Therapy Areas: Central Nervous System
Trial Results Show Ultomiris Achieves Clinically Meaningful Reduction in the Risk of Relapse in Adults with Anti-Aquaporin-4 Antibody-Positive NMOSD
10 May 2022 - - Positive high-level results from the open-label Phase III CHAMPION-NMOSD trial showed that Ultomiris (ravulizumab-cwvz) achieved a statistically significant and clinically meaningful reduction in the risk of relapse in adults with anti-aquaporin-4 antibody-positive neuromyelitis optica spectrum disorder (NMOSD) compared to the external placebo arm from the pivotal SOLIRIS PREVENT clinical trial, UK-based pharmaceutical company AstraZeneca's (NYSE: AZN) Alexion rare disease business said.

Ultomiris, the first and only long-acting C5 complement inhibitor, met the primary endpoint of time to first on-trial relapse, as confirmed by an independent adjudication committee.

Notably, no relapse was observed in 58 patients over a median treatment duration of 73 weeks.

NMOSD is a rare and devastating autoimmune disease that affects the central nervous system, including the spine and optic nerves.

Most people living with NMOSD often experience unpredictable relapses, a new onset of neurologic symptoms or worsening of existing neurologic symptoms, also referred to as attacks, which tend to be severe and recurrent and may result in permanent disability.

Sean J. Pittock, MD, director of Mayo Clinic's Center for Multiple Sclerosis and Autoimmune Neurology and of Mayo's Neuroimmunology Laboratory and lead primary investigator in the CHAMPION-NMOSD trial, said: "Every NMOSD relapse can have debilitating and irreversible consequences, so reducing relapses is critical. Patients on Ultomiris remained relapse free over a median treatment duration of 73 weeks in the trial."

The safety and tolerability of Ultomiris in the Champion-NMOSD trial were consistent with previous clinical studies and other approved indications. Fifty-six patients are continuing to receive treatment in a long-term extension period, which is ongoing.

The data will be presented at a forthcoming medical meeting and submitted to global health authorities as rapidly as possible to bring forward Ultomiris to the NMOSD community.

NMOSD is a rare disease in which the immune system is inappropriately activated to target healthy tissues and cells in the CNS.

Approximately three-quarters of people with NMOSD are anti-AQP4 Ab+, meaning they produce antibodies that bind to a specific protein, aquaporin-4.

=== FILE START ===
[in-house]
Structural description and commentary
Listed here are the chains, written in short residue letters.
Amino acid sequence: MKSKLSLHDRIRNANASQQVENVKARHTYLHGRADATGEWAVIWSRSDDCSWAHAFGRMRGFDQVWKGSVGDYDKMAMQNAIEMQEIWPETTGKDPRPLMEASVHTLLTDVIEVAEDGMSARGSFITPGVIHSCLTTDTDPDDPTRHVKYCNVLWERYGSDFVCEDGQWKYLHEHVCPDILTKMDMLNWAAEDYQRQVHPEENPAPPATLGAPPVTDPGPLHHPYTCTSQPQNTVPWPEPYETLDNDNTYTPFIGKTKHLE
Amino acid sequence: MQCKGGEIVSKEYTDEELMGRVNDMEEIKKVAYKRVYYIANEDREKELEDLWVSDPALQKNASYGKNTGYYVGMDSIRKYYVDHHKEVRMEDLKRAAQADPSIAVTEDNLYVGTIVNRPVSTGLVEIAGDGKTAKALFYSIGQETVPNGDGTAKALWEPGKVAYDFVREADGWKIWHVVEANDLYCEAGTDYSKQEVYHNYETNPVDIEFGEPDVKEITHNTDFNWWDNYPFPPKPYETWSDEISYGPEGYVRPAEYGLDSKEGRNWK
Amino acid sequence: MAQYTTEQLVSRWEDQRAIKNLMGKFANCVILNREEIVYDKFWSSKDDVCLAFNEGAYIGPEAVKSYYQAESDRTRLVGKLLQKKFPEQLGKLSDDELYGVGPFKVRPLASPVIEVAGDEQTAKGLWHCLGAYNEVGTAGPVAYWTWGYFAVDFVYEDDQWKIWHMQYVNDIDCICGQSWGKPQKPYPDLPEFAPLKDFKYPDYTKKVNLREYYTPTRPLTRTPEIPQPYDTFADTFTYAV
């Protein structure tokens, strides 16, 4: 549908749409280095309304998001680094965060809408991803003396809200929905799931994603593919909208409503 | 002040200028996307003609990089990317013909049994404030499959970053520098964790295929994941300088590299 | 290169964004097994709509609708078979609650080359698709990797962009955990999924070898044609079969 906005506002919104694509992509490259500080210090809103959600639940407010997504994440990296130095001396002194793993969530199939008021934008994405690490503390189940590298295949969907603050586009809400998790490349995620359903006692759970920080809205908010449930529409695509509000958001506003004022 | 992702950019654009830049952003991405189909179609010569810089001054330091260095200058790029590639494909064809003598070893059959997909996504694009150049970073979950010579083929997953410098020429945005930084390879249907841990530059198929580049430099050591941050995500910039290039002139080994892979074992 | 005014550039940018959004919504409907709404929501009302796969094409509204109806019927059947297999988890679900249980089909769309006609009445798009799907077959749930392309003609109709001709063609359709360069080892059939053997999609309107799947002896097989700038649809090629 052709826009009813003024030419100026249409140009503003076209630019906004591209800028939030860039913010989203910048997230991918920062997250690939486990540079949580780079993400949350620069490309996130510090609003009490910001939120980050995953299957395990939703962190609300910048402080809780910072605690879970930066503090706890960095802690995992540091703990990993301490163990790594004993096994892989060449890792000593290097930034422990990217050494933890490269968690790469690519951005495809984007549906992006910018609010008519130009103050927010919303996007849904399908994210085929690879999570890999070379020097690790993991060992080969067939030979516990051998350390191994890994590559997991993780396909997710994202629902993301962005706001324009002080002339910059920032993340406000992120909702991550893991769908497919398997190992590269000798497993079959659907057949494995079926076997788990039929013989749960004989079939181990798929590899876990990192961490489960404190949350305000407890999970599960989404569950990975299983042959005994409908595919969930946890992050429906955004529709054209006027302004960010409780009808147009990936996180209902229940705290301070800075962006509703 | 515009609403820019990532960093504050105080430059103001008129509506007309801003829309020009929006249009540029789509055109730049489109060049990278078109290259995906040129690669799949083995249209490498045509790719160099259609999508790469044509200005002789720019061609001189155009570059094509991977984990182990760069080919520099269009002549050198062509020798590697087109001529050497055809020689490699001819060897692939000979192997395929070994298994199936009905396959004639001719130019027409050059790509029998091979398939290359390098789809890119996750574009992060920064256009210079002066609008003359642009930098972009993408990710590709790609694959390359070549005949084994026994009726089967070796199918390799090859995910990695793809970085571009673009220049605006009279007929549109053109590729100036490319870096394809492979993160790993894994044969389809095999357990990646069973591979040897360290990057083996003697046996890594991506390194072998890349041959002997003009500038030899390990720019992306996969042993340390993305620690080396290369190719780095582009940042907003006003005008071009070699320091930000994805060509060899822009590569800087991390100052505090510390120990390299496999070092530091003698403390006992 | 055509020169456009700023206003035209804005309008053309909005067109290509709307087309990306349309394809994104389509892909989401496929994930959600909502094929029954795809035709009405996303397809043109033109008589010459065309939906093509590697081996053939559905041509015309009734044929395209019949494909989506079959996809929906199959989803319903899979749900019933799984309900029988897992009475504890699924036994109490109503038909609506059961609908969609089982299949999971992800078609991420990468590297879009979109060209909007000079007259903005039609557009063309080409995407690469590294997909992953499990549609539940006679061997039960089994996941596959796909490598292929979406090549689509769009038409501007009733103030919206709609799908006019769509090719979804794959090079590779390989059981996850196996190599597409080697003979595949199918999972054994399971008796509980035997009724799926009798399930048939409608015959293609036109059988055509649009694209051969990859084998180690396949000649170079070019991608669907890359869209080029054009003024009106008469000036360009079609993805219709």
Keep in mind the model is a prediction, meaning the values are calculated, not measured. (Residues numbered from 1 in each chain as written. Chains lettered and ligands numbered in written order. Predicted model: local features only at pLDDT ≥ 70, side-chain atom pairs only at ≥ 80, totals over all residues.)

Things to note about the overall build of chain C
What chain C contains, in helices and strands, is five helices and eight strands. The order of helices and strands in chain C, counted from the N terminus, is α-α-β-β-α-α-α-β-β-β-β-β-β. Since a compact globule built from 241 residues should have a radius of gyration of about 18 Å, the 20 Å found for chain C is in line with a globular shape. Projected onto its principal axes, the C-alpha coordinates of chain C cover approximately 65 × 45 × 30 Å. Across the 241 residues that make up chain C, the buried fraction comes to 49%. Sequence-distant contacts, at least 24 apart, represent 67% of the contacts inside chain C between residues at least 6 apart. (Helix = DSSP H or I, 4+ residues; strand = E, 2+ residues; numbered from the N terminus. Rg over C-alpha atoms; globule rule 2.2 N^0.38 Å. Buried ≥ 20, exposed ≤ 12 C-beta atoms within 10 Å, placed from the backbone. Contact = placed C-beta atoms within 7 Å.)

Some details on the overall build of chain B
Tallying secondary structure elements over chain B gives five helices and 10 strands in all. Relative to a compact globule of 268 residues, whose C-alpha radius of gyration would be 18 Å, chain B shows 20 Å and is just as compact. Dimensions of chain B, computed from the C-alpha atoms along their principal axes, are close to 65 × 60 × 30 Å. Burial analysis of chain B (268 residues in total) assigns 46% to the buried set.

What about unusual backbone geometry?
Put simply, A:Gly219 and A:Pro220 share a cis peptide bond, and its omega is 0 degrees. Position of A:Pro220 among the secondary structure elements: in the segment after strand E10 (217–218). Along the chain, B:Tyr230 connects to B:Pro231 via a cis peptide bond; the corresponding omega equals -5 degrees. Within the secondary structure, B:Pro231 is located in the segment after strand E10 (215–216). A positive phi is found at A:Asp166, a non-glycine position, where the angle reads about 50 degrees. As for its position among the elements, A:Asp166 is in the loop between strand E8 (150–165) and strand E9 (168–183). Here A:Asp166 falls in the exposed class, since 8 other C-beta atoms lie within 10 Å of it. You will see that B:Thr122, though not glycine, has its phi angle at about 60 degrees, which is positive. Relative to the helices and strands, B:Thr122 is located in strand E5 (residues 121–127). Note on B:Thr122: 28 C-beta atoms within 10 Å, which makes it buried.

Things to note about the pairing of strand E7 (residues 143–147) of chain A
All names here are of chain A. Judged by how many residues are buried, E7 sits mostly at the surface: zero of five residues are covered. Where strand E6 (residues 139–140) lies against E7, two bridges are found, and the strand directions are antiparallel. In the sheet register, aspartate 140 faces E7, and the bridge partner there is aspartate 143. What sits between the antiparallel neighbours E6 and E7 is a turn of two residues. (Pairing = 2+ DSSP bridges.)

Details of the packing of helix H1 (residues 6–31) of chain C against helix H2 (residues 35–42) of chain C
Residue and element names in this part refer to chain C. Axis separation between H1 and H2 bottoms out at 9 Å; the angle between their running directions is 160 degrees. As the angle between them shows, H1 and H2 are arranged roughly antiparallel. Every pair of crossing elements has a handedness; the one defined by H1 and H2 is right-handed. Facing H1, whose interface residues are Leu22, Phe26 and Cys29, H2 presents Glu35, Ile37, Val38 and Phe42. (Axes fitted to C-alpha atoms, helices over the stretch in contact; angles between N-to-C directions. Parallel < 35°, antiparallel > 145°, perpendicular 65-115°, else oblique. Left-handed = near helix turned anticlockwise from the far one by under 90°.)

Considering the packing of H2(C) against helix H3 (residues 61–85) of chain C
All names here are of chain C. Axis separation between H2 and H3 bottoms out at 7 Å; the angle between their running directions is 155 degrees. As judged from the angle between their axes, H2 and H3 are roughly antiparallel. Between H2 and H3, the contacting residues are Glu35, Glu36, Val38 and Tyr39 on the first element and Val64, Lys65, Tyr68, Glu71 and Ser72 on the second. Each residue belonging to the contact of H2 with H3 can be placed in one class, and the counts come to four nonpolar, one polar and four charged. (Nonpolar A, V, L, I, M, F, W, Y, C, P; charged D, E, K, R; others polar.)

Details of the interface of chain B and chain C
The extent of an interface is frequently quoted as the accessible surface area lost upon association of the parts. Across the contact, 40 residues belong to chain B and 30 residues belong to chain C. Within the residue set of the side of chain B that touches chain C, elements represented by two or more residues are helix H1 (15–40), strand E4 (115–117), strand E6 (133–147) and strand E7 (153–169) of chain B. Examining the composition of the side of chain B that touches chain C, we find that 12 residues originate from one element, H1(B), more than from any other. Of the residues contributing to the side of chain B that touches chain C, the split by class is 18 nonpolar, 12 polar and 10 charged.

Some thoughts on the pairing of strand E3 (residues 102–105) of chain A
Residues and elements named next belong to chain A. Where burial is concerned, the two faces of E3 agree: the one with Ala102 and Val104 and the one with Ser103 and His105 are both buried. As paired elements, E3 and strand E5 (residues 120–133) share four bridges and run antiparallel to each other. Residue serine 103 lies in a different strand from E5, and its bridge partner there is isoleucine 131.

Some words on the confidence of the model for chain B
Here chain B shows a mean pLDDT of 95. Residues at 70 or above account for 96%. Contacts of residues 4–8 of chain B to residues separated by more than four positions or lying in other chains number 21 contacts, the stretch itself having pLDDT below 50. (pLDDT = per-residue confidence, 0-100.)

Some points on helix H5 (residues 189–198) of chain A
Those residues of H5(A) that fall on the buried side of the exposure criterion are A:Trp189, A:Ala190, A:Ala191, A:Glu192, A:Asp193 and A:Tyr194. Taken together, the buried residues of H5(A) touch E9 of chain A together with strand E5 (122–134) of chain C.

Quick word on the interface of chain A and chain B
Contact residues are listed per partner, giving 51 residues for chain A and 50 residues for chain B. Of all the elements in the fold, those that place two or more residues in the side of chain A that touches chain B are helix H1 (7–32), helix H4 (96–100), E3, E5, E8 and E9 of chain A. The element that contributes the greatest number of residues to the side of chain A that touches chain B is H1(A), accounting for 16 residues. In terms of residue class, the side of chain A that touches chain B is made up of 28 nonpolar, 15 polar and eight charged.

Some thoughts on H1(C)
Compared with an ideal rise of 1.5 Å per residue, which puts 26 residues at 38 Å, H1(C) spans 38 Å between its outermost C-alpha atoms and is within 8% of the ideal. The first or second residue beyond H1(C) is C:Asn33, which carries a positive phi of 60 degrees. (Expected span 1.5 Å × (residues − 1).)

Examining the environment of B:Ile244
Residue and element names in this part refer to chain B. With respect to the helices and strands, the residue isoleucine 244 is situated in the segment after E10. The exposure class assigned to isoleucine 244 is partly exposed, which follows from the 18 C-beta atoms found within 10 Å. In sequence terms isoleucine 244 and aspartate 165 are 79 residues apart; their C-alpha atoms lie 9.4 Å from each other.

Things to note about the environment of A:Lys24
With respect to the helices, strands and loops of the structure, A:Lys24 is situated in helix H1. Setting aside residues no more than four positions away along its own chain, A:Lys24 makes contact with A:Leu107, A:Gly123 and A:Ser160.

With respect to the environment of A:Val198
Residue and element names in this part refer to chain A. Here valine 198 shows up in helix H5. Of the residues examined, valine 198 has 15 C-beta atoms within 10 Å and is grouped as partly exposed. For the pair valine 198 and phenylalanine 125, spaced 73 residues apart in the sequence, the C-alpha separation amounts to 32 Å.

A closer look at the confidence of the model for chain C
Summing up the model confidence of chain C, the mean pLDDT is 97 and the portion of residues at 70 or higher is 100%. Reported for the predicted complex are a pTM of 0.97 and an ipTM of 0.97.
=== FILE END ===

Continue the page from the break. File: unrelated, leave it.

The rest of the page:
This binding can inappropriately activate the complement system, which is part of the immune system and is essential to the body's defense against infection, to destroy cells in the optic nerve, spinal cord and brain.

It most commonly affects women and begins in the mid-30s. Men and children may also develop NMOSD, but it is even more rare.

People with NMOSD may experience vision problems, intense pain, loss of bladder/bowel function, abnormal skin sensations (eg, tingling, prickling or sensitivity to heat/cold) and impact on coordination and/or movement.

Most people living with NMOSD experience unpredictable relapses, also known as attacks. Each relapse can result in cumulative disability including vision loss, paralysis and sometimes premature death.

NMOSD is a distinct disease from other CNS diseases, including multiple sclerosis. The journey to diagnosis can be long, with the disease sometimes misdiagnosed.

CHAMPION-NMOSD is a global Phase III, open-label, multicenter trial evaluating the safety and efficacy of ULTOMIRIS in adults with NMOSD.

The trial enrolled 58 patients across North America, Europe, Asia-Pacific and Japan. Participants were required to have a confirmed NMOSD diagnosis with a positive anti-AQP4 antibody test, at least one attack or relapse in the twelve months prior to the screening visit, an Expanded Disability Status Scale Score of 7 or less and body weight of at least 40 kilograms at trial entry.

Participants could stay on stable supportive immunosuppressive therapy for the duration of the trial.

Due to the potential long-term functional impact of NMOSD relapses, a direct placebo comparator arm was precluded for ethical reasons. The active treatment was compared to an external placebo arm from the pivotal SOLIRIS PREVENT clinical trial.

Over a median treatment duration of 73 weeks, all enrolled patients received a single weight-based loading dose of ULTOMIRIS on Day 1, followed by regular weight-based maintenance dosing beginning on Day 15, every eight weeks.

The primary endpoint was time to first on-trial relapse, as confirmed by an independent adjudication committee.

The end of the primary treatment period could have occurred either when all patients completed or discontinued prior to the Week 26 visit and two or more adjudicated relapses were observed, or when all patients completed or discontinued prior to the Week 50 visit if fewer than two adjudicated relapses were observed.

In the trial, there were zero adjudicated relapses so the end of the primary treatment period occurred when the last enrolled participant completed the 50 week visit.

Alexion, AstraZeneca Rare Disease, is the group within AstraZeneca focused on rare diseases, created following the 2021 acquisition of Alexion Pharmaceuticals, Inc. Headquartered in Boston, Massachusetts, Alexion has offices around the globe and serves patients in more than 50 countries.
Login
Username:

Password:


Related Headlines